soon consider the State Library's budget, where state aid to local
libraries is funded. Now is the time to share with your Kansas
legislators about how important state aid is to your library. Many
libraries are experiencing increased use and growing demand for
services during these difficult economic times. Reducing state aid
hurts libraries just when their communities need them the most.

HomeworkKansas is also in trouble. In spite of overwhelming student
approval it appears HomeworkKansas will not be funded next
year. Sharing with your legislators about what the loss of and
interruption in service for HomeworkKansas means for local students
is also important. Even if your legislators are not members of the
Senate Ways and Means subcommittee, it's important for your
representative and senator to learn of your first-hand experience and
your concern. *Ask your legislators to share the concerns you have
with Ways and Means subcommittee members.*

The Senate Ways and Means subcommittee for the State Library's budget
is Senator David Wysong, Senator Jean Schodorf and Senator Kelly
Kultala.

**************************************************************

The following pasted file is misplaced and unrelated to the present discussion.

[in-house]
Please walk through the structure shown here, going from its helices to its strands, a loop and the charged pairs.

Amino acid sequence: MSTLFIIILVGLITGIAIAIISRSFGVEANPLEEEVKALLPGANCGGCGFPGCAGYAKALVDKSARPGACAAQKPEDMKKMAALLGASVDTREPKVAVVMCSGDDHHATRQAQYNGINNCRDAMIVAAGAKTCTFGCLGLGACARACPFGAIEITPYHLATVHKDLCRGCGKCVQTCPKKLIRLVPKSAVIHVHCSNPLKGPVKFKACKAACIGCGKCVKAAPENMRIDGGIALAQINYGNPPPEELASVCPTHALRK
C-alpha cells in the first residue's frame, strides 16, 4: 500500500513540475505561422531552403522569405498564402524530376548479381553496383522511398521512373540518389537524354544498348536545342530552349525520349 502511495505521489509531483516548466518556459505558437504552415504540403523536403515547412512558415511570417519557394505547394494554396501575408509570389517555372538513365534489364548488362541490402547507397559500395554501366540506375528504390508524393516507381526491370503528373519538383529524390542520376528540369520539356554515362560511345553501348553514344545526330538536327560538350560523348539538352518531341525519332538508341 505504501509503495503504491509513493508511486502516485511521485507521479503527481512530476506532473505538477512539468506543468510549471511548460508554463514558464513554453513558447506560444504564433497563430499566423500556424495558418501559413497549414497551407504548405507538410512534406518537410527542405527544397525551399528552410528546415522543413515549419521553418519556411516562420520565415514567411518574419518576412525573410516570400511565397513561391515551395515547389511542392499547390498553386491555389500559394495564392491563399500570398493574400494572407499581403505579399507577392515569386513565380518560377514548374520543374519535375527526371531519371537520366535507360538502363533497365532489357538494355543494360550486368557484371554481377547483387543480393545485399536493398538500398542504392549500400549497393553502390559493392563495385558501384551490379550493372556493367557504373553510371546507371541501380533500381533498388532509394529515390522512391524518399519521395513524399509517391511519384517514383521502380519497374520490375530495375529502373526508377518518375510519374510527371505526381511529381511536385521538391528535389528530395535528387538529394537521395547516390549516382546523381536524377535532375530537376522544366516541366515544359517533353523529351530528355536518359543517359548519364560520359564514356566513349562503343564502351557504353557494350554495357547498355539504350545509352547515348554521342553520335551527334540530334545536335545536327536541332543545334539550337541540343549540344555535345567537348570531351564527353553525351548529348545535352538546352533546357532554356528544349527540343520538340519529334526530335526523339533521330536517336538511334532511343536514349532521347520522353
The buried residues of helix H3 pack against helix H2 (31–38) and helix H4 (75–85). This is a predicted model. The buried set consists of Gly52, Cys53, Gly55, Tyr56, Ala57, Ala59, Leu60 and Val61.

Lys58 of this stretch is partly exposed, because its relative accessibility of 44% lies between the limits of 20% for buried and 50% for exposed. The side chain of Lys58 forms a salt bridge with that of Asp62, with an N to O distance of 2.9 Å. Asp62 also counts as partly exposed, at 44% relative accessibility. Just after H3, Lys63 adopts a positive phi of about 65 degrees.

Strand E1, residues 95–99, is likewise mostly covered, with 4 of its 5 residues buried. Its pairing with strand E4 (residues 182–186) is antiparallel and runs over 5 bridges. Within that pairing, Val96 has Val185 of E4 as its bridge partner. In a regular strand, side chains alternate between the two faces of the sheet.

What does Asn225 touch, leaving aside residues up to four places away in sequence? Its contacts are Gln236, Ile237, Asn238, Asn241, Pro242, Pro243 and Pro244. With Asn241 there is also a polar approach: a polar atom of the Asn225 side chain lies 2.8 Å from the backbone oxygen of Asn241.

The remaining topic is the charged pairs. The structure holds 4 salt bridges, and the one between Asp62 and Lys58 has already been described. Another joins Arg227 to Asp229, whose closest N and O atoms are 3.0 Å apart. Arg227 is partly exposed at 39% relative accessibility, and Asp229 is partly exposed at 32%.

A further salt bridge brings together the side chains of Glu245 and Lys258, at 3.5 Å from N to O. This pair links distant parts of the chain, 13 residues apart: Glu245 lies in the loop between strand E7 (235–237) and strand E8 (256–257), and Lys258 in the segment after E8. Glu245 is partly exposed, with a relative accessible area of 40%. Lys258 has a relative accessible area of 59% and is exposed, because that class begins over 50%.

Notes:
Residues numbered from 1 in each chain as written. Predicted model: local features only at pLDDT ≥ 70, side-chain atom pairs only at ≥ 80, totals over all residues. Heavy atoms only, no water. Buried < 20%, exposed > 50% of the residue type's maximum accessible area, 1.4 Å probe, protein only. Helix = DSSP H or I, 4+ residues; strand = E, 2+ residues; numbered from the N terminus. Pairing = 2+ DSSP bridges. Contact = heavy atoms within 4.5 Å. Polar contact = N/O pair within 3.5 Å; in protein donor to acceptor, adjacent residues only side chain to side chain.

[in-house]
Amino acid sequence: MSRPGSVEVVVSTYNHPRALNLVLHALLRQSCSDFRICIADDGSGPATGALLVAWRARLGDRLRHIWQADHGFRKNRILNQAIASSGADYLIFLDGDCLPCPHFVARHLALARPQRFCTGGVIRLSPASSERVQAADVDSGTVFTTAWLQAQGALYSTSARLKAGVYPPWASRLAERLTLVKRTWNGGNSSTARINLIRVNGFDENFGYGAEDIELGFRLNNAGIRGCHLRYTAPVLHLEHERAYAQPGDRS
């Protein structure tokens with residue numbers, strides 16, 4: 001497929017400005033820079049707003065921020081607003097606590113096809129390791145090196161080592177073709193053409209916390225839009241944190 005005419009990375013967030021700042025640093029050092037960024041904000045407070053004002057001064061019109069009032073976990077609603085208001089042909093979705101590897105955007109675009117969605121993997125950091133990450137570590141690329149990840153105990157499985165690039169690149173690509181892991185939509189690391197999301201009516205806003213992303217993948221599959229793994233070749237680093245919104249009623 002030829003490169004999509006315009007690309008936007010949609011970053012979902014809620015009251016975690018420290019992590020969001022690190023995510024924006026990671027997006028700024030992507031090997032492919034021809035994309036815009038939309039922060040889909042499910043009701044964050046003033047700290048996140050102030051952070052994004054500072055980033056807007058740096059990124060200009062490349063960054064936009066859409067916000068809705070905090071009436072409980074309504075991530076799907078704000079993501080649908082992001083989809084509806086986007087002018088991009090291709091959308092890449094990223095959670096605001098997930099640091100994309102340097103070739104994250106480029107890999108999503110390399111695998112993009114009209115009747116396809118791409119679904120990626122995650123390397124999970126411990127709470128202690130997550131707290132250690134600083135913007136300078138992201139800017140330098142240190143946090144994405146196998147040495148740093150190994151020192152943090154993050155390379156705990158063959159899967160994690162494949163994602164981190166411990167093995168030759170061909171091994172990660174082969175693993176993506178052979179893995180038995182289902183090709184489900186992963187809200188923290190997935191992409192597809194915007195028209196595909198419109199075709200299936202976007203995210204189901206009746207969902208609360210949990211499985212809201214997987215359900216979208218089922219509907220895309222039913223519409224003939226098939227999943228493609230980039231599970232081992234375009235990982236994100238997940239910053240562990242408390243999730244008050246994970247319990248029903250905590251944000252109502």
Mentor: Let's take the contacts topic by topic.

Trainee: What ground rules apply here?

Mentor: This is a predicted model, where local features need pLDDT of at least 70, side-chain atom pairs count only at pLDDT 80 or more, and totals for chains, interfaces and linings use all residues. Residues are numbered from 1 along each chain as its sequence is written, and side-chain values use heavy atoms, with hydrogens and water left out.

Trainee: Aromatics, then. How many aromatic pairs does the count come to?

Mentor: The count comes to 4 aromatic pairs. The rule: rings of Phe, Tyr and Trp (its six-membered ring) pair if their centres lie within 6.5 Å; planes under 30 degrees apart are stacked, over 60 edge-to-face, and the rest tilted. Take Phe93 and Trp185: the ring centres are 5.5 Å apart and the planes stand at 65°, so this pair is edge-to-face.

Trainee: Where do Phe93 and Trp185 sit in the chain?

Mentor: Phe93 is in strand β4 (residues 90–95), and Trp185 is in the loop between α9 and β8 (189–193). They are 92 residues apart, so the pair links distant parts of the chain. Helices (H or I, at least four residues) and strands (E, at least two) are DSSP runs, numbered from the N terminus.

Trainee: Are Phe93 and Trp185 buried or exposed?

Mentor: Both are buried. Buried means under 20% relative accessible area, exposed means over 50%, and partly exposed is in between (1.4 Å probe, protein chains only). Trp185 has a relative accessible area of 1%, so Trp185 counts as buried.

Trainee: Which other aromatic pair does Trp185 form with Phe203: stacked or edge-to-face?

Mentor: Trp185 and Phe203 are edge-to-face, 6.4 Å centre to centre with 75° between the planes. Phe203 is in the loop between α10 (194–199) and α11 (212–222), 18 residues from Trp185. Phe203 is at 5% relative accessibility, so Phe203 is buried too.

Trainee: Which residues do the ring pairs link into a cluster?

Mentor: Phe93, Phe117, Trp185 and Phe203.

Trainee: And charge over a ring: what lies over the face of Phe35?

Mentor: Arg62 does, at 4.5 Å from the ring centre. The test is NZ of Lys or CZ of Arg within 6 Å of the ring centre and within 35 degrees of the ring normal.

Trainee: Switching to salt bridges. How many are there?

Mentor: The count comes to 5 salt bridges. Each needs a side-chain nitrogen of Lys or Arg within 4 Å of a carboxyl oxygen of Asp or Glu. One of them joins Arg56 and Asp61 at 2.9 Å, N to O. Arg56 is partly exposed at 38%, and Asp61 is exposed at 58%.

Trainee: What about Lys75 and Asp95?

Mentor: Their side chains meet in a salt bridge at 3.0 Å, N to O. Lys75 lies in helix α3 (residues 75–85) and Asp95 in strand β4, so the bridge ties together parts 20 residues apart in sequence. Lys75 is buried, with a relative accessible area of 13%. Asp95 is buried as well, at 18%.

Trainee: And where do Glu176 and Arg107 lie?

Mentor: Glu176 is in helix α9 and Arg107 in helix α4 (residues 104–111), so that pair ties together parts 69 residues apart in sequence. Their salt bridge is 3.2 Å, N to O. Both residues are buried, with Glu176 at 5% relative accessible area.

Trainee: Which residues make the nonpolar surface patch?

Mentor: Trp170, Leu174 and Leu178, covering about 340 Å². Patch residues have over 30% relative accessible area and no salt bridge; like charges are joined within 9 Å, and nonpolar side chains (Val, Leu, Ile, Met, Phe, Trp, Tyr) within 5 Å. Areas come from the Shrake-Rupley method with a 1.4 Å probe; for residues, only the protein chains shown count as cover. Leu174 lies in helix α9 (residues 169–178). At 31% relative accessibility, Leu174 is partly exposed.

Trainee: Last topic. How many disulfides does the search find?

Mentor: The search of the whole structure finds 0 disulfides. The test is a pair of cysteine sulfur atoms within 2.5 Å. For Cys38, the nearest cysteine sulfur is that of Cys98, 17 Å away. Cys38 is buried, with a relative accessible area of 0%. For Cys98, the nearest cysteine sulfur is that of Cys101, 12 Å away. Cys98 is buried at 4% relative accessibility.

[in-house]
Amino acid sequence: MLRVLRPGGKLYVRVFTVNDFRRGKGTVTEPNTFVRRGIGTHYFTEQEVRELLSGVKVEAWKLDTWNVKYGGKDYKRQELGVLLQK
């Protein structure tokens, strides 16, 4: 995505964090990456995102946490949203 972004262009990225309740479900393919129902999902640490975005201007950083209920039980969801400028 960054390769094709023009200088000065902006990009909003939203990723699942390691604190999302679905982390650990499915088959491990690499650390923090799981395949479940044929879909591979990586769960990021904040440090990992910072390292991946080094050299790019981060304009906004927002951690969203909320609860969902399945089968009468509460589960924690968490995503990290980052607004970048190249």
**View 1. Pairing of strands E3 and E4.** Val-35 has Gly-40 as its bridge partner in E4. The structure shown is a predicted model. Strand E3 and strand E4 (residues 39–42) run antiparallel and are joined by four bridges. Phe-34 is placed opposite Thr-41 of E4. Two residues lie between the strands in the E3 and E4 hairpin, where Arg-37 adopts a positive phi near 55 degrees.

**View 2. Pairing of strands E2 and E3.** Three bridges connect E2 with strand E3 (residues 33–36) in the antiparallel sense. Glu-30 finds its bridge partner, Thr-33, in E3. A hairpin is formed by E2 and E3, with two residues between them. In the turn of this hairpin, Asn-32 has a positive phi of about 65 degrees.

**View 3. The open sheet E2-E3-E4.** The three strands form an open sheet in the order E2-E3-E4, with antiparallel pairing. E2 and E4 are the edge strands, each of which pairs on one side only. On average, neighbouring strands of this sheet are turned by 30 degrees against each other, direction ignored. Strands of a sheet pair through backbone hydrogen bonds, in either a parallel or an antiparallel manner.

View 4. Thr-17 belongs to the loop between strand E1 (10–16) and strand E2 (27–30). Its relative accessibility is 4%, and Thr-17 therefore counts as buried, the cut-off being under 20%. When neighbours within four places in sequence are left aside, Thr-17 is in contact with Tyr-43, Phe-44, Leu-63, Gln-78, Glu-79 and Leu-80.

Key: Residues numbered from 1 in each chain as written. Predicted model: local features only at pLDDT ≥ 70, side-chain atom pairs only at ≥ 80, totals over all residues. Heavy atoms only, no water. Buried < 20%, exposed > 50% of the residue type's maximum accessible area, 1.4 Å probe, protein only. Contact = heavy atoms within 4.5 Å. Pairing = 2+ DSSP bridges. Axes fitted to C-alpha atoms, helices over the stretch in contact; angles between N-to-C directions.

Roger Carswell
Southeast Kansas Library System/Iola Public Library
218 E. Madison
Iola, KS 66749
(620) 365-5136
rcarswell@sekls.org

Friday, February 13, 2009

The Virgin Speaks


Surfin' the Web? Perusin' the 'Net? Checkin' out the blogs? Try this
one, an excellent interview with Nancy Pickard, featured author for the 2009 Kansas Reads...The Virgin of Small Plains.

Pay special attention to Question #8 toward the end! But read it all to
get some skinny on Nancy's next book, another stand alone set in Kansas!

Many thanks to Carol Ann Robb at Pittsburg Public Library for being
part of the 2009 Kansas Reads...The Virgin of Small Plains committee
and for bringing this to our attention.

From:
Roy Bird
Kansas Center for the Book
State Library of Kansas
300 SW 10th Room 343N
Topeka KS 66612 1593
800/432-3919
royb@kslib.info
www.kcfb.info

Thanks, Roy!

Thursday, February 12, 2009

Weather Info Available


From the Kansas State Library:

Hello all....

The storm spotter classes are starting up and although we're in
February we had thunderstorms booming across the state just a couple
days ago.

It's time to start thinking about thunderstorm safety and the Kansas
Government Information (KGI) Blog has gathered together a few resources
for you at:

http://ksdocs.blogspot.com/

Our best to you...

Bill Sowers



Bill Sowers
Kansas Publications & Cataloging
State Library of Kansas
300 SW 10th, Room 343-N
Topeka, KS 66612
ksdocs@kslib.info
785-296-3296

Lincoln and Darwin - Born 200 Years Ago Today


Today, as I was listening to an NPR story on Charles Darwin (Death Of Child May Have Influenced Darwin's Work by Robert Krulwich), I was reminded of a book that I saw recently:

Angels and Ages: A Short Book About Darwin, Lincoln, and Modern Life (Hardcover)
by Adam Gopnik